Post-discharge follow-up is via local GP, public or private outpatient allied health clinics or specialist outpatient clinics, as clinically indicated.

emily bradshaw headshot
Emily Bradshaw

Physiotherapy service

The PCP service operates Saturday to Monday, which are traditionally the days with the greatest number of presentations meeting the physiotherapy scope of practice. 

Presentations are generally dominated by injuries associated with children’s and adults’ sport, misadventure and ‘DIY weekend warriors’. 

The days and hours of service have the potential to expand as the overall service grows.

The scope of practice is aligned with the Barwon Health ED PCP service, with minor variations determined by environmental and human resources. 

Both adult and paediatric patients are seen within the service. 

All simple trauma (sprains/strains, simple fractures and simple dislocations) and musculoskeletal presentations without significant red flags meet the scope of practice. 

An audit by Gill and Stella (2013) of presentation to the UHG ED demonstrated that the five most frequent presentations seen by the PCP service were:

  •  fractures of the wrist
  • sprains/strains of the ankle
  • low back pain/sciatica/sprains/strains of the back
  • fractures of the hand
  • sprains/strains of the knee.

Current barriers to a fully independent PCP scope of practice in urgent care settings include:

  • a lack of prescribing and administration rights for analgesia, local anaesthetics and simple antibiotics
  • a lack of prescribing and administration rights for nitrous oxide gas in procedures such as relocating a dislocated joint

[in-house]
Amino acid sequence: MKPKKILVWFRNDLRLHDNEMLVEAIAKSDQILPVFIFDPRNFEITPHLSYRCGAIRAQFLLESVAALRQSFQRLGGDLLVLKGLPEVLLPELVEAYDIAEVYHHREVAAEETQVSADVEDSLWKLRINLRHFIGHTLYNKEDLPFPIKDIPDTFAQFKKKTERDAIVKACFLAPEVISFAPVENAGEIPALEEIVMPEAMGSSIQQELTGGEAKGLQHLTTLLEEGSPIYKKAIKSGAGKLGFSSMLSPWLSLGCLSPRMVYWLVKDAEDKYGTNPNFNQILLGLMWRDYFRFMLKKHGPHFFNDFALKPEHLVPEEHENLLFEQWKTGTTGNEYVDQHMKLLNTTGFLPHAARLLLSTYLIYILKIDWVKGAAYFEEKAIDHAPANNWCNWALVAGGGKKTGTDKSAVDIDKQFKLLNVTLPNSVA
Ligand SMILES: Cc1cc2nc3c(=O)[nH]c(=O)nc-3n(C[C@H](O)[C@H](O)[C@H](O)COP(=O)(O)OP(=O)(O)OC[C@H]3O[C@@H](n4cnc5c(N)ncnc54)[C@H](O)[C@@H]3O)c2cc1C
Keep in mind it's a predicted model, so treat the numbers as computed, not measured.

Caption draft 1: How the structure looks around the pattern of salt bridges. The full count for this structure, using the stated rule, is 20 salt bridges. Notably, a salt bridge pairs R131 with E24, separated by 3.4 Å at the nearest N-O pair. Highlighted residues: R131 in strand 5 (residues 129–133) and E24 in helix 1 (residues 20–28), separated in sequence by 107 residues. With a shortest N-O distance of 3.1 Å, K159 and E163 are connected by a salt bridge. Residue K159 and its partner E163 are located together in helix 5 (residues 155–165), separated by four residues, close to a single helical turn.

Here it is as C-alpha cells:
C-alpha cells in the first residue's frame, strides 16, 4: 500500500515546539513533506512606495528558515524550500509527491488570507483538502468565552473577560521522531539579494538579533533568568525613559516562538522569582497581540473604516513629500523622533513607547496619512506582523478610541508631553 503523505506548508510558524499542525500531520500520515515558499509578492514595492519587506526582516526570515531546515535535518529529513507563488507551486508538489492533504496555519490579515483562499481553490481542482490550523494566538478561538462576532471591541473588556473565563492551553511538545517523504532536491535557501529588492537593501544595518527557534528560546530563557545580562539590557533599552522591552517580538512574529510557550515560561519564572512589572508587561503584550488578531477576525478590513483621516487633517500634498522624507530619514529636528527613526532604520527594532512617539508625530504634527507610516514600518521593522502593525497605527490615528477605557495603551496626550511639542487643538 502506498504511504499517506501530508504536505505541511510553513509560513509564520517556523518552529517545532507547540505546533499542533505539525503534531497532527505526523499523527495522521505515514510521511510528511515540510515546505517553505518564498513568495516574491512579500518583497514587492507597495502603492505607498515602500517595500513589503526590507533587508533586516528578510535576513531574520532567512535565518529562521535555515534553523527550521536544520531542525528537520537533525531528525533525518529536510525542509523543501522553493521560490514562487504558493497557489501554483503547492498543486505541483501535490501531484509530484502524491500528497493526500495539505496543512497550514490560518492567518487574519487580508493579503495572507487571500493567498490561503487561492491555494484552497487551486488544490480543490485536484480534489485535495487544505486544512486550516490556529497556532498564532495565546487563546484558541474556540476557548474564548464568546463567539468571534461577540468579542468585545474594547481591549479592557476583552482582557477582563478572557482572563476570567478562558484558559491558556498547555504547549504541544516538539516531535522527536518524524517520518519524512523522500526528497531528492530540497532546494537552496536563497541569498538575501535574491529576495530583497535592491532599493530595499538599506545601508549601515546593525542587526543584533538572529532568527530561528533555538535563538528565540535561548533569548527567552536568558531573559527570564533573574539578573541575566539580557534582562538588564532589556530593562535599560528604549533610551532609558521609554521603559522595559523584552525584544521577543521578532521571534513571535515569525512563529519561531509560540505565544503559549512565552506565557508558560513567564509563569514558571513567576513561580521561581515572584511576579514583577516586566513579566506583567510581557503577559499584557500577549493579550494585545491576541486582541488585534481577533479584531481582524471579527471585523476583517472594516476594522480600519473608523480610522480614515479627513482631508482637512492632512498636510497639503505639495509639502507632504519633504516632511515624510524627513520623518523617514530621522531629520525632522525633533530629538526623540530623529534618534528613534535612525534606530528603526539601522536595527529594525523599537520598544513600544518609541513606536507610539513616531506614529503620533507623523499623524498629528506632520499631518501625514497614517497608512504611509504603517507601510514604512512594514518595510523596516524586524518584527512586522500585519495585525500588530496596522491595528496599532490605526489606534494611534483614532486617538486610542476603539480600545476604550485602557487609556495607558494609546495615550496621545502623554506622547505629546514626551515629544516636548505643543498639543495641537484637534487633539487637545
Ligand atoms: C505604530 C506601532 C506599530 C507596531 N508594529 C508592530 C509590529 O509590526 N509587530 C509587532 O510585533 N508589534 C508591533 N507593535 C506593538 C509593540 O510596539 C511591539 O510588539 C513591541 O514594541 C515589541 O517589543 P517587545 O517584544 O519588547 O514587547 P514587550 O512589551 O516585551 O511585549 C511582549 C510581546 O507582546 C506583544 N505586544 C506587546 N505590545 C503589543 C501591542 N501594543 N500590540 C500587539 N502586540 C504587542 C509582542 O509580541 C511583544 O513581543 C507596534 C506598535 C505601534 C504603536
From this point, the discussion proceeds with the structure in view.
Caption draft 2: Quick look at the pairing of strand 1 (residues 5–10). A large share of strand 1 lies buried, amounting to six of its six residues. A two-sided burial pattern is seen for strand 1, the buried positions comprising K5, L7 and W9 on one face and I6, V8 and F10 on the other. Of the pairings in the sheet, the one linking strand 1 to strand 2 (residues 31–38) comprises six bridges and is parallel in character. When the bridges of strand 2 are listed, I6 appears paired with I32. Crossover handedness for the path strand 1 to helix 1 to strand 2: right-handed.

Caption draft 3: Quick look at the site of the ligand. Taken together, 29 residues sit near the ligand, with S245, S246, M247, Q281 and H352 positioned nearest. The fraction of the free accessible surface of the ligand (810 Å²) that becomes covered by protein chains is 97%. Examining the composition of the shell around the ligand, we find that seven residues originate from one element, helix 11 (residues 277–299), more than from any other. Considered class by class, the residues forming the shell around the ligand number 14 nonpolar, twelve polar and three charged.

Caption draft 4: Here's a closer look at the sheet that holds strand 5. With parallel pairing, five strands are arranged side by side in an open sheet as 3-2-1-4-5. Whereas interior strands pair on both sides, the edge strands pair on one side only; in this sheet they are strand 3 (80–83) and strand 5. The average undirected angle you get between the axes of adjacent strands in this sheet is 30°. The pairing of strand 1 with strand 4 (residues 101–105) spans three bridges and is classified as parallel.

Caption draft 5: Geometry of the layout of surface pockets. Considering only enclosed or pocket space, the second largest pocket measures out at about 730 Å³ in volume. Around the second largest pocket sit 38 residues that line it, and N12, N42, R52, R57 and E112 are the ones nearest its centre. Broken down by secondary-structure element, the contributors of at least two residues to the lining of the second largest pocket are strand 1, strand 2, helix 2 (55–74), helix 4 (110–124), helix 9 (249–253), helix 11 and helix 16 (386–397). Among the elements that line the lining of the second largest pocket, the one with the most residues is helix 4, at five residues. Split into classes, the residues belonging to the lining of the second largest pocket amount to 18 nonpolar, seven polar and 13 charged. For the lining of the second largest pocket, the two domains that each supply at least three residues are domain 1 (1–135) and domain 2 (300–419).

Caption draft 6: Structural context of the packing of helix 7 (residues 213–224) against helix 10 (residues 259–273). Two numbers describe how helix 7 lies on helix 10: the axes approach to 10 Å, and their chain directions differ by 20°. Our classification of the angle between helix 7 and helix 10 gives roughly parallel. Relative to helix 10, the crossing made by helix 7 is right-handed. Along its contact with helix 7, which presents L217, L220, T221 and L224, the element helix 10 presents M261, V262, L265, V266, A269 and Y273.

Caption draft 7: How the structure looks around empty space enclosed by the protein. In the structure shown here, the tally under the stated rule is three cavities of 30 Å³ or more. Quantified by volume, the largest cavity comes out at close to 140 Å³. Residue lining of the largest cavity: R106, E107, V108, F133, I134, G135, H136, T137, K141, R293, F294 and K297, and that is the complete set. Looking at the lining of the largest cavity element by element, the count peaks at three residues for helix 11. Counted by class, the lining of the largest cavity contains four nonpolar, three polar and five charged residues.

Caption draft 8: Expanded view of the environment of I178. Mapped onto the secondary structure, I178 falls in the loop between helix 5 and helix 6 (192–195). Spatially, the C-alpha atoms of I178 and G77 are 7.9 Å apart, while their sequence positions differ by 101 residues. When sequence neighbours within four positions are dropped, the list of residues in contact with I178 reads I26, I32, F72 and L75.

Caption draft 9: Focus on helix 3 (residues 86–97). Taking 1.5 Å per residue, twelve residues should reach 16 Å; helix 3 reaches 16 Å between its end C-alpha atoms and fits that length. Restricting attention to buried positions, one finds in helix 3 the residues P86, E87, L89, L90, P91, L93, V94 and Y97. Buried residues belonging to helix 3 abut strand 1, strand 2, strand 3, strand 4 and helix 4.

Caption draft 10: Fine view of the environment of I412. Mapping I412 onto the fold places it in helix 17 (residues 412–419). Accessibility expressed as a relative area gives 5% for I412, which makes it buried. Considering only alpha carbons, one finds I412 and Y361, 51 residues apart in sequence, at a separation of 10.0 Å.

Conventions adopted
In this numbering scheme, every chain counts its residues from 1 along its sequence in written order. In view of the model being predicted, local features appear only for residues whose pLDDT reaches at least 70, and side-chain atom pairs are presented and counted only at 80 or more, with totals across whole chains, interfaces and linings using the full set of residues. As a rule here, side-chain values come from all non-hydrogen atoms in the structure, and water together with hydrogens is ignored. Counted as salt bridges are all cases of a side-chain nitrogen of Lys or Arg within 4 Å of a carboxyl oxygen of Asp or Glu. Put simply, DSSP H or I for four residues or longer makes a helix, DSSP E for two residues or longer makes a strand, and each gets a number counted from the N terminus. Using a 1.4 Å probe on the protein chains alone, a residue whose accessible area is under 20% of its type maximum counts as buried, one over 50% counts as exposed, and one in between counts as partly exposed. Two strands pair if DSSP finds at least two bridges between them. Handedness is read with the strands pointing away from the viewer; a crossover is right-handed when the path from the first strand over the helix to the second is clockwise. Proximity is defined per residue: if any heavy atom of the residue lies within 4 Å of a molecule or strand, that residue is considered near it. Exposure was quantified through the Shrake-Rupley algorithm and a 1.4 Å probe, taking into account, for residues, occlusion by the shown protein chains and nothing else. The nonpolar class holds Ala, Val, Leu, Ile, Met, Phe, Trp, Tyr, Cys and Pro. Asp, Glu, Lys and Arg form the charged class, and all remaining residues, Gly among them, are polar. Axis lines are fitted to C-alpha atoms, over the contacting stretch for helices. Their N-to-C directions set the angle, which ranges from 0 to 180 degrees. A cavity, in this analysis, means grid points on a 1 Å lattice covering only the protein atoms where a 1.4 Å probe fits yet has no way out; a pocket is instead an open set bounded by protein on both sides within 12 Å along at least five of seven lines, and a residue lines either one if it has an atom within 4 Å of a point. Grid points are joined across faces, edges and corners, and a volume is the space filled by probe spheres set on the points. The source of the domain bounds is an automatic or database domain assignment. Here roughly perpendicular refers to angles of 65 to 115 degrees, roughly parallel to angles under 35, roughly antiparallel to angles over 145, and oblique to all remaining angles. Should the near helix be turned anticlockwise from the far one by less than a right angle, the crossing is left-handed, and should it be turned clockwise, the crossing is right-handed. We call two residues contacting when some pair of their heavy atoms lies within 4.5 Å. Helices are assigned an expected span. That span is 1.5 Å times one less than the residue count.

• not being able to provide an initial assessment for WorkCover certification
  • provider numbers not being recognised for referral to private specialist follow-up.

This is overcome by working collaboratively with the NPs, registered nurses and ED consultant telehealth support. In a Medicare UCC environment, physiotherapy scope of practice could equally be supported by GPs, NPs and practice nurses as well as by state-based virtual EDs.

What’s in it for physiotherapy?

The PCP service in UCC provides yet another opportunity for physiotherapists to work at the top of their scope of practice. 

When set up appropriately, with all relevant resources, it allows physiotherapists to make a significant contribution to the management of common urgent care presentations and, in doing so, to help manage the overall demand for ‘emergency’ services.

Along with established advanced practice roles in ED, orthopaedic, neurosurgical and paediatric care, this role highlights the opportunity for universities and other educational organisations to develop postgraduate training that is specific and relevant to physiotherapy advanced practice. 

It also suggests a need for strong advocacy for physiotherapy in relation to prescribing rights in order to facilitate fully independent advanced practice. Prescribing rights would potentially increase the utility and efficiency of the PCP role.


The Geelong experience is an example of the successful implementation of a primary contact physiotherapy service within a UCC. 

The essential elements for success are:

  • a clearly defined scope of practice
  • a training program that defines and measures competency against the scope of practice
  • support from medical and NP staff to establish and maintain the role within the UCC
  • clinic resources to support immediate patient management
  • clear pathways for patient treatment escalation and post-discharge follow-up.

Click here for references.

Mark Napper is a senior physiotherapist at Barwon Health with more than 15 years’ experience in advanced practice orthopaedics and emergency medicine. 
Mark has postgraduate qualifications and implementation experience in evidence-based clinical redesign within the advanced practice setting.

Emily Bradshaw APAM is a senior physiotherapist at Barwon Health with more than 20 years’ experience in the emergency medicine setting, 10 of those in an advanced practice role. Emily is
a credentialled McKenzie physiotherapist and also works in private practice.